By Viet Tran
Liv Yang Bin, an ethnic Vietnamese living in the sprawling Cambodian capital of Phnom Penh, grew up speaking, thinking and dreaming in Khmer, the official language of Cambodia. However, like the generations before him, Liv and the rest of his family are prohibited from holding citizenship, thus denying them access to the most basic of rights. Although all five of his children were born in Cambodia, they are unable to receive Cambodian birth certificates on account of their Vietnamese background. Without these documents, his children cannot continue their education beyond primary school.
“They wanted to go to high school, but weren’t allowed,” said Liv. “So I had to teach them to be fishermen.”
Liv’s fate is shared by thousands of ethnic Vietnamese residing in Cambodia. While their Khmer countrymen own land and have access to higher education, most of Cambodia’s Vietnamese minority live in rural slums, where they rely on meager earnings from fishing to sustain themselves. Many ethnic Vietnamese must endure this discrimination because of an anti-Vietnamese sentiment that has deep roots in the unstable and acrimonious history of the neighboring countries of Cambodia and Vietnam.
A HISTORY OF ANIMOSITY
In the 1620s, Vietnamese settlers pushed into the Mekong Delta, an area then-controlled by the Khmer kings of Cambodia.  In the decades that followed, their numbers swelled and eventually supplanted the Khmer presence in the region. A long period of Vietnamese imperialism that saw the perennial colonization and political subjugation of Cambodia by the Vietnamese followed. This exacerbated anti-Vietnamese sentiment among Cambodia’s Khmer majority, with things reaching a tipping point in the 1840s when a series of bloody Khmer uprisings occurred.
The period of French colonization from the 19th to mid-20th centuries further intensified anti-Vietnamese sentiments among Khmers. On one hand, French colonial rulers saw Vietnam as a “jewel” with rich agricultural regions that could be harnessed by what they called the “industrious” Vietnamese.  On the other hand, they viewed Cambodia as a nation filled with “lazy and incompetent” individuals whose only use was to be absorbed into the economic and industrial growth of its rival nation. To make matters worse, French colonization policy encouraged Vietnamese migration to Cambodia. Their numbers swelled from a mere 5,000 in 1874 to approximately 250,000 in 1951. Naturally, ethnic Khmers viewed the influx of Vietnamese as a threat to their cultural independence.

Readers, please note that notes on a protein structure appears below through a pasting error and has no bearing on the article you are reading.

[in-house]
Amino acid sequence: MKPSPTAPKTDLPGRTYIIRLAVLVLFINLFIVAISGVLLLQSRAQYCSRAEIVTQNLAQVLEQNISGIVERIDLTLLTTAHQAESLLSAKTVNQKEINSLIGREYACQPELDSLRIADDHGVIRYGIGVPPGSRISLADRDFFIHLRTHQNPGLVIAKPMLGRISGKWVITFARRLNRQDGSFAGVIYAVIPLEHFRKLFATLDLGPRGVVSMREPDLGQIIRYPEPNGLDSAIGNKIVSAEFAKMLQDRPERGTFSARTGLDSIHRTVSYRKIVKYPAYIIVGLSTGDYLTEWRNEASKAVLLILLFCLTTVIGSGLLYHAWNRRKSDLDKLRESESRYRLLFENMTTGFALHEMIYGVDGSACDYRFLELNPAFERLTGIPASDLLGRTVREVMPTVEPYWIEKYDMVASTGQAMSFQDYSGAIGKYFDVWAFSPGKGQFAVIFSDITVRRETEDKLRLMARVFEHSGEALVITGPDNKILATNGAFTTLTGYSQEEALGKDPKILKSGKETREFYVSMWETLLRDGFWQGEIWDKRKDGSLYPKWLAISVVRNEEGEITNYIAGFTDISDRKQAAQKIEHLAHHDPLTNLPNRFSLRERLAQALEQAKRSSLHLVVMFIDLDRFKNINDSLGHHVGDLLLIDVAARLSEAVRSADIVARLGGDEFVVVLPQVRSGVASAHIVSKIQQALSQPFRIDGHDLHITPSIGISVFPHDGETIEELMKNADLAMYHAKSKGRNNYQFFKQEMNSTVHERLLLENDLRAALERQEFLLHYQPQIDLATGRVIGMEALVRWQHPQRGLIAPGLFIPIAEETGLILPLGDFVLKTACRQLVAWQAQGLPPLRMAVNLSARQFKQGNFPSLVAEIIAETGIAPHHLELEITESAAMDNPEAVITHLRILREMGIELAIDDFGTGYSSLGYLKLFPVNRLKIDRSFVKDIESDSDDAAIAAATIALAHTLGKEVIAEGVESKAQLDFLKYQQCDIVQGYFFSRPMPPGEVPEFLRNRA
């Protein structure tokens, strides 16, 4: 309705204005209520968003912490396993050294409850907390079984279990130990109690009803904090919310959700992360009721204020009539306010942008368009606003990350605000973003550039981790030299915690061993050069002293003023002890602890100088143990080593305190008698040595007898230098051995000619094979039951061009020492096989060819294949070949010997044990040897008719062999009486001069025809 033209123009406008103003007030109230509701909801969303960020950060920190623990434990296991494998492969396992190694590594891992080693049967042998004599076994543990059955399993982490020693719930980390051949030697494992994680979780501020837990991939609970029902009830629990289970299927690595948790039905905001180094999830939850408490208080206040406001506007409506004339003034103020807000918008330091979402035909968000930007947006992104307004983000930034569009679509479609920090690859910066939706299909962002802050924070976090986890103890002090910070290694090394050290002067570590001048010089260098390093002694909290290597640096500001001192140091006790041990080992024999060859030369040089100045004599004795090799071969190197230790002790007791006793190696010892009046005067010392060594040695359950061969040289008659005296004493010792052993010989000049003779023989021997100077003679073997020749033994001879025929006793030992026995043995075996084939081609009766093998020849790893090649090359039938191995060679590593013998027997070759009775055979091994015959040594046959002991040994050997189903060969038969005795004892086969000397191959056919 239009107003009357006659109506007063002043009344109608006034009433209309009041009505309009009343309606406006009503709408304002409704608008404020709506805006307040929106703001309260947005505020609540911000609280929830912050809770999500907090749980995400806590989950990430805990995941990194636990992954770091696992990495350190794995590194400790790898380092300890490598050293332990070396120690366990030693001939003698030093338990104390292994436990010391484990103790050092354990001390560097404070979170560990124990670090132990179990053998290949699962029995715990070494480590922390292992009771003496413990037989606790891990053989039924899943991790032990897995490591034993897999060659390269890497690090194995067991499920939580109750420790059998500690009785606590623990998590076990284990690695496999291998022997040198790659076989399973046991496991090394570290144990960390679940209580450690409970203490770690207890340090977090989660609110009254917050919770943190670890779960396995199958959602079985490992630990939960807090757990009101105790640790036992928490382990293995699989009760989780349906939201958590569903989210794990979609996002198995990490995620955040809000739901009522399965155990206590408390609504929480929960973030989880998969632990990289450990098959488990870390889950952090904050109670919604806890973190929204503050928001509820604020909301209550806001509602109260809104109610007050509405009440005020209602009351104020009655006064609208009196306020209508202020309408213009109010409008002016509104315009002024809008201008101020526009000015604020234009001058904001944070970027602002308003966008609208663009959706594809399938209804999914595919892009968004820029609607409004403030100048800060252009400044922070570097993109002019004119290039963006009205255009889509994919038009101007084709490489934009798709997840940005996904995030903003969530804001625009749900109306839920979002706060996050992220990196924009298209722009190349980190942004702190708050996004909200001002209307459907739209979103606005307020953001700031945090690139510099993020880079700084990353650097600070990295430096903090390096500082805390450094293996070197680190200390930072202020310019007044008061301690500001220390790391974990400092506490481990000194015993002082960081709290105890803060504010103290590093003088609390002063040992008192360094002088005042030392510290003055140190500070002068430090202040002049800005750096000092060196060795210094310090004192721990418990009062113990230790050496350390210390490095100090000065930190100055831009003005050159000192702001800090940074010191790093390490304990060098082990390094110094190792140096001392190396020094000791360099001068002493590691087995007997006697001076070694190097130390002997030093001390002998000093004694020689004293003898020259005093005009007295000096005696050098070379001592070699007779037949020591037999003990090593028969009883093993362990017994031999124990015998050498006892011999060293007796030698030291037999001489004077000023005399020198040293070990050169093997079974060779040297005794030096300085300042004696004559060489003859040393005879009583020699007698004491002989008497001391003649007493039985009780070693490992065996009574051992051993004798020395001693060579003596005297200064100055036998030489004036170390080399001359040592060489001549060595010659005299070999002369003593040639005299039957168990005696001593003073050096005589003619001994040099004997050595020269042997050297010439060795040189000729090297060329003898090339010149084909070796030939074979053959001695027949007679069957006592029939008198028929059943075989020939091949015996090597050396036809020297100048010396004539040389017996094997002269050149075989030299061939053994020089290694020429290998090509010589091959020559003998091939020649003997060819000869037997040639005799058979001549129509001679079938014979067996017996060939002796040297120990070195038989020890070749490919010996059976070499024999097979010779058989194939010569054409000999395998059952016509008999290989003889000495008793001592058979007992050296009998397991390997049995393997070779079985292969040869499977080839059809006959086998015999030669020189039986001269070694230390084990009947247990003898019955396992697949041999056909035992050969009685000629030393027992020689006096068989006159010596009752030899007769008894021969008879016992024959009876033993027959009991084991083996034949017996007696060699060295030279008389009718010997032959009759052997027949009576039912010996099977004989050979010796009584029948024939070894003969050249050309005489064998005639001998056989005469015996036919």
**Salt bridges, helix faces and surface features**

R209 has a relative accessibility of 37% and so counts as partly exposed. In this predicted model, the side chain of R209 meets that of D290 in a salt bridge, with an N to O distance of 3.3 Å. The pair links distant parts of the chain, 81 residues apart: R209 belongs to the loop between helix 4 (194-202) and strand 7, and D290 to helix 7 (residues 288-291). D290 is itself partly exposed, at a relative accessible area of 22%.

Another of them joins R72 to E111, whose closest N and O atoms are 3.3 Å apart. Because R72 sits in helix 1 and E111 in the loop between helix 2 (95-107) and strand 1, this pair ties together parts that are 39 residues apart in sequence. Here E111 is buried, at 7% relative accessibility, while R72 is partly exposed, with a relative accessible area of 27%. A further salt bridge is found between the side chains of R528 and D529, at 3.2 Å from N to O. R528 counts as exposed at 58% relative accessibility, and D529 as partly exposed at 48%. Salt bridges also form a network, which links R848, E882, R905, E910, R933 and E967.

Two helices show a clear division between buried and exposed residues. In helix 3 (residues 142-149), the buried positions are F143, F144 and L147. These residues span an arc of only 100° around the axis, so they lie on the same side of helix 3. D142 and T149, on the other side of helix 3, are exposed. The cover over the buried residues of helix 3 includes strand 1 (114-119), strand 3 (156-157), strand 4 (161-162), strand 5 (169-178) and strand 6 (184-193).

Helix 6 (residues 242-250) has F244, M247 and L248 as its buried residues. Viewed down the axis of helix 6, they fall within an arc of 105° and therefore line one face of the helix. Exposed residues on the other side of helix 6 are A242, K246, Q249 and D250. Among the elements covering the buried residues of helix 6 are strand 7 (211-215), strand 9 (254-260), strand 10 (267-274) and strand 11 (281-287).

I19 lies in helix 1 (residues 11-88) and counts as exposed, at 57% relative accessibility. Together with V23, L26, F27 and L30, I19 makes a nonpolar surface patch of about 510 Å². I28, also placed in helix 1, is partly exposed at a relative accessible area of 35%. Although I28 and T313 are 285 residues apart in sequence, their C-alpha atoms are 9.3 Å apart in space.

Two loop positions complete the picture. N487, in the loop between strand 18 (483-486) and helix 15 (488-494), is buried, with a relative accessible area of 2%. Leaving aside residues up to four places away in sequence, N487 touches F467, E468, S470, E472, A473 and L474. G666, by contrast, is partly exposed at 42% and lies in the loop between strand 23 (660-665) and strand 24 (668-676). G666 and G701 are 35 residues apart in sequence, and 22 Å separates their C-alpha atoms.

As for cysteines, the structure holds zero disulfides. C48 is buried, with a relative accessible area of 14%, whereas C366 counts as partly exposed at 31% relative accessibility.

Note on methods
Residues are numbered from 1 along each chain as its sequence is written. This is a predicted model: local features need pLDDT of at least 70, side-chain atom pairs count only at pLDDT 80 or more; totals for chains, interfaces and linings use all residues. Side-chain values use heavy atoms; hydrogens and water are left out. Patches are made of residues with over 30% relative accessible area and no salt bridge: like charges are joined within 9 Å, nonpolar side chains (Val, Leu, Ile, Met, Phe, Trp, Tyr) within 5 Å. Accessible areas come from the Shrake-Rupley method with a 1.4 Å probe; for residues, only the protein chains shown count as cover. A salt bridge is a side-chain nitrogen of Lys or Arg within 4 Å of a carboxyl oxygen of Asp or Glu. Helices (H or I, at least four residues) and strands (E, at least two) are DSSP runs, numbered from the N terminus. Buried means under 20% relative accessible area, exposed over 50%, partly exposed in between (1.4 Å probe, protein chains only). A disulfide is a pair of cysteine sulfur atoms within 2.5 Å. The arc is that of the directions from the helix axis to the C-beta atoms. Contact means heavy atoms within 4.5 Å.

Following Cambodia decolonization and declaration of independence, a coup d’etat brought General Lon Nol to power. Lon Nol stirred nationalist sentiment by using anti-Vietnamese ideology to affirm his legitimacy, launching a series of violent pogroms that caused more than 100,000 Vietnamese to flee the country.  In the 1970s, anti-Vietnamese sentiment peaked under the infamous Khmer Rouge regime. The Khmer militia expelled as many as 150,000 Vietnamese and massacred those who remained, including children of mixed Khmer-Vietnamese families. Vietnam responded to the brutal treatment of Vietnamese in Cambodia with a large invasion in 1978 that forced out the Khmer Rouge and replaced it with the pro-Vietnamese People’s Republic of Kampuchea, marking the beginning of a decade-long military occupation by the Vietnamese.  The Vietnamese-backed government attempted with little success in restoring the political and economic state of Cambodia. During this time, many Vietnamese who fled during the Lon Nol and Khmer Rouge regimes returned to Cambodia. In years to come, the United Nations attempted to oversee the political restructuring of Cambodia, but saw little progress in reconciling Khmer hatred towards the ethnic Vietnamese. Attempts towards a peace agreement with the remaining Khmer Rouge rebels met with failure. Meanwhile, driven in part by the Vietnamese invasion and occupation, antipathy and fear towards the Vietnamese minority continued to grow and exist to the current day.
The Cambodian political system rarely saw stability through the years because of imperialism and domestic conflicts. But one thing that was consistent through its chaotic history was the harboring of anti-Vietnamese sentiment, which culminated in the passage of strict naturalization laws in the 1950s. These laws purposefully failed to define what a Khmer citizen is in order to prevent ethnic Vietnamese from becoming naturalized and obtaining basic political rights such as voting.